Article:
And this from The Register,

Cuthbert, a 28 year old from Whitechapel, London, was a security consultant at ABN Amro, a job he lost as a result of his arrest. He also lectured at Westminster and Royal Holloway universities - ironically he taught some members of the Computer Crime Unit.

On December 31, 2004, Cuthbert, using an Apple laptop and Safari browser, became concerned that a website collecting credit card details for donations to the Tsunami appeal could be a phishing site. After making a donation, and not seeing a final confirmation or thank-you page, Cuthbert put ../../../ into the address line. If the site had been unprotected this would have allowed him to move up three directories.

The police were able to track Cuthbert down because of the donation he made just before running the tests. He was arrested, brought in for questioning and subsequently charged with breaking the Computer Misuse Act.


These two cases should be a big enough warning that probing web sites for vulnerabilities has a good chance of landing, even those with good intentions, in jail.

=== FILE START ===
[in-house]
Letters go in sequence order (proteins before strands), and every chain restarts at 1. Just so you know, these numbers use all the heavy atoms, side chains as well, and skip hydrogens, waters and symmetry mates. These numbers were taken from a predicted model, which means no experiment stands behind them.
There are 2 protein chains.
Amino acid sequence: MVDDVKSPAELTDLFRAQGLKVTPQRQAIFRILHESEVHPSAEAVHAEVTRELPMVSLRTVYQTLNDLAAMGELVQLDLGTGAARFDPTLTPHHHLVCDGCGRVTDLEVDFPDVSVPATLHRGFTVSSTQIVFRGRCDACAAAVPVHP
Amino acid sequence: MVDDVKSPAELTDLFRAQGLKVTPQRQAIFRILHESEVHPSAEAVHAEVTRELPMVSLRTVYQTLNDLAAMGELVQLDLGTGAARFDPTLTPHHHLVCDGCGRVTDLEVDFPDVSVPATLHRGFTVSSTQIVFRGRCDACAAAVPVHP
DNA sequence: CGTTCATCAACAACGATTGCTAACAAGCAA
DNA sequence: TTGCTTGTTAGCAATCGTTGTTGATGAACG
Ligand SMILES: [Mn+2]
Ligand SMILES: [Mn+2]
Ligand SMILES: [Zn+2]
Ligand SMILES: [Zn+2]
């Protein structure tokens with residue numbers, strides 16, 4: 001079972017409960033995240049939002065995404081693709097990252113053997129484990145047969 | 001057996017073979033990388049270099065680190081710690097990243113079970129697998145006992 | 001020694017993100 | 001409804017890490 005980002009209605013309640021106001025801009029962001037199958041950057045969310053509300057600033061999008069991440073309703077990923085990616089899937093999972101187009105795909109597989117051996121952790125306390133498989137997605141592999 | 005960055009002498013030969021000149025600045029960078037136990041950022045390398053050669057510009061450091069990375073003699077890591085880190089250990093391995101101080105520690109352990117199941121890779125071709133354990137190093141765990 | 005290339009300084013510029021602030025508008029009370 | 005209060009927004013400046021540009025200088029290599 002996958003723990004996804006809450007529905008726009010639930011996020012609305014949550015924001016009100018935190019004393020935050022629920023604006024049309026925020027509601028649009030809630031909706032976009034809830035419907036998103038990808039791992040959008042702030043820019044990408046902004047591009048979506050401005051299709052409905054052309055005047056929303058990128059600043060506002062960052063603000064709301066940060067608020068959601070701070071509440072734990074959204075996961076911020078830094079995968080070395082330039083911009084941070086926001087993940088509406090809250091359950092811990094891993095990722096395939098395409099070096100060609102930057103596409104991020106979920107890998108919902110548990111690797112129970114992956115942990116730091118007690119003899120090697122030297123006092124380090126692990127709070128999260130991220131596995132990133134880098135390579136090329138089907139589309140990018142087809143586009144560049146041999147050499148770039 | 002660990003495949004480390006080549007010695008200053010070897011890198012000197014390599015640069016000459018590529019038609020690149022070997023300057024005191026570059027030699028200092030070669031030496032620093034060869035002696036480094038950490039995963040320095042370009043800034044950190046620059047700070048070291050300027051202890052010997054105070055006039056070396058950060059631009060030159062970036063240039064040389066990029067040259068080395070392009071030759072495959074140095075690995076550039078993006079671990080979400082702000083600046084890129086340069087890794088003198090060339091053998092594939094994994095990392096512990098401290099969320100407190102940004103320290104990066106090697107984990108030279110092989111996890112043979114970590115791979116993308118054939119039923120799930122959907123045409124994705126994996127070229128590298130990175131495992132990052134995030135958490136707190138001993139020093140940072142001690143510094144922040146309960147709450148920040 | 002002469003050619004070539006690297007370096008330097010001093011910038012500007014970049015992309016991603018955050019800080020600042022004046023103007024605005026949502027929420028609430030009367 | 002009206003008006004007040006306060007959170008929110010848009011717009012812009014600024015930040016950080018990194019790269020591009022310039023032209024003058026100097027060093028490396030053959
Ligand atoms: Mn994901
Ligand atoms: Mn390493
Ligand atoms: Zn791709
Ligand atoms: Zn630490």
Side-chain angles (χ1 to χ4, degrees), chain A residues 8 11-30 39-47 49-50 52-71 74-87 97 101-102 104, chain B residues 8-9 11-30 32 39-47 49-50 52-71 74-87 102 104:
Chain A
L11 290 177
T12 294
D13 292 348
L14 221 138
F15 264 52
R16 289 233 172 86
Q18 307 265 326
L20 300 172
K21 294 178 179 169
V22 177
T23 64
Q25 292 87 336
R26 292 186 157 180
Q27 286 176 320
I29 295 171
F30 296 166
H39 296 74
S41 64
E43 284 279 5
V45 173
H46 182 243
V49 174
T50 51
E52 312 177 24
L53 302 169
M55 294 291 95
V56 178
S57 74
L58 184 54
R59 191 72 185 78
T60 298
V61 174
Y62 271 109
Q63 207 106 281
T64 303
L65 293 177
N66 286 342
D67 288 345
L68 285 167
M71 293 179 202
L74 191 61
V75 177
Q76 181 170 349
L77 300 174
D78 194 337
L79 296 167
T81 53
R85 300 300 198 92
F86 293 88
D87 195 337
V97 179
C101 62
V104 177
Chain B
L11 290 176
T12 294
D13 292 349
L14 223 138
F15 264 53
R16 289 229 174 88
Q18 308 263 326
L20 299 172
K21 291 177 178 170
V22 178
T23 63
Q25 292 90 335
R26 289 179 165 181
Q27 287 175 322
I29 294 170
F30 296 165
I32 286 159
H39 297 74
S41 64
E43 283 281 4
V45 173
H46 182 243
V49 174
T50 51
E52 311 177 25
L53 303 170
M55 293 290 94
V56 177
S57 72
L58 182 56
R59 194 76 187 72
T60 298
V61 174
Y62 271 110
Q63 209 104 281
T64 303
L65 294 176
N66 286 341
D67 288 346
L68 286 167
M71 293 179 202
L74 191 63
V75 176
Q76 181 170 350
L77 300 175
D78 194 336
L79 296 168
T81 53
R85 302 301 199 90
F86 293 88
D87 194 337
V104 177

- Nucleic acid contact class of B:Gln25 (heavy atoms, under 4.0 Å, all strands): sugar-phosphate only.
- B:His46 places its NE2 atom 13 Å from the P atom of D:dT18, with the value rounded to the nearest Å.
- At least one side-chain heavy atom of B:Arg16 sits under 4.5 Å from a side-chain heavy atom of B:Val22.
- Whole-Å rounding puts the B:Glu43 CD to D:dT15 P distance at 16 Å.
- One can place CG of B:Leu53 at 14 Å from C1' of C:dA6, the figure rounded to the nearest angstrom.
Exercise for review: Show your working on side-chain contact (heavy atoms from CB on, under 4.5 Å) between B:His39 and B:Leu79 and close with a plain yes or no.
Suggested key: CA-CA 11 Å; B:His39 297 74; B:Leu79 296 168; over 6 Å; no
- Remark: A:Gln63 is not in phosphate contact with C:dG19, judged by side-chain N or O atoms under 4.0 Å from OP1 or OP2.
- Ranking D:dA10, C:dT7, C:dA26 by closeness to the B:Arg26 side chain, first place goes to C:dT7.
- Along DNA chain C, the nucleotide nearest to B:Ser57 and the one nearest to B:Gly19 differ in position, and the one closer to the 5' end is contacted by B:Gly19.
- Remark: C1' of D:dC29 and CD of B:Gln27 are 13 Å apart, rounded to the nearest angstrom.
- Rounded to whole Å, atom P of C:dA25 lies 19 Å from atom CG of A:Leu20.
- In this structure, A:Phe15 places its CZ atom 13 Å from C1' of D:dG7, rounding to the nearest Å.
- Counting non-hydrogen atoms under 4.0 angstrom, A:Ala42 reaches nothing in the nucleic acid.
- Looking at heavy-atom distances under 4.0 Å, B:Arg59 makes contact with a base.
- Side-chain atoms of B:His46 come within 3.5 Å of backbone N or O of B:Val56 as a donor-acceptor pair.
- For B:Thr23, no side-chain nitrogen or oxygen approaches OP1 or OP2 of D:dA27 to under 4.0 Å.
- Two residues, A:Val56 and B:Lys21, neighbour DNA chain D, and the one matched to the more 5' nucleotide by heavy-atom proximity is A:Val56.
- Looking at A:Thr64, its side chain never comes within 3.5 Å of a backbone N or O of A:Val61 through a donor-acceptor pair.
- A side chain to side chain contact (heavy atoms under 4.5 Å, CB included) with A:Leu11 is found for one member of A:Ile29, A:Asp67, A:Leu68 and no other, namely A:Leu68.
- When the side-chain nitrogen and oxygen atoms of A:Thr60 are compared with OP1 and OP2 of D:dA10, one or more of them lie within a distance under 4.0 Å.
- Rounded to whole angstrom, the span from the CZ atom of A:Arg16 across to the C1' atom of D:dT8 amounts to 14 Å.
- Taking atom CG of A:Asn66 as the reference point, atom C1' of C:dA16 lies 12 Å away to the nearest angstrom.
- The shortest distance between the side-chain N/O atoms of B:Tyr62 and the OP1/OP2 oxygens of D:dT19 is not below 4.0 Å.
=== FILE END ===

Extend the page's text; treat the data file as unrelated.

It’s my belief that vulnerability researchers have not only educated the software community about how to find security vulnerabilities, but they have also been 3rd party consumer watchdogs. They have giving consumers a fighting chance in understanding what software and which vendors. For both of these benefits, there is a need for vulnerability researchers to have access to the software that people use.

I fear that these benefits will disappear as more software moves into the Software as a Service realm. Some possible solutions are:

  • SaaS providers could deploy their software on test servers where people would be free to attack it. If they are really bold they could give shell accounts.
  • Congress could pass a “good Samaritan” law that would exempt researchers from the computer trespass laws if they are engaged in legitimate research.
  • SaaS providers could engage trusted 3rd parties to perform security testing and allow them to publish the results for consumers to see.

I am interested if others have ideas or how think the growth of SaaS will change the vulnerability research landscape.

The Art of Software Security Testing by Wysopal, Nelson, Dai Zovi, and Dustin

Chris Wysopal, co-founder and CTO of Veracode, is recognized as an expert and a well-known speaker in the information security field. He has given keynotes at computer security events and has testified on Capitol Hill on the subjects of government computer security and how vulnerabilities are discovered in software. His opinions on Internet security are highly sought after and most major print and media outlets have featured stories on Mr. Wysopal and his work. At Veracode, Mr. Wysopal is responsible for the security analysis capabilities of Veracode technology.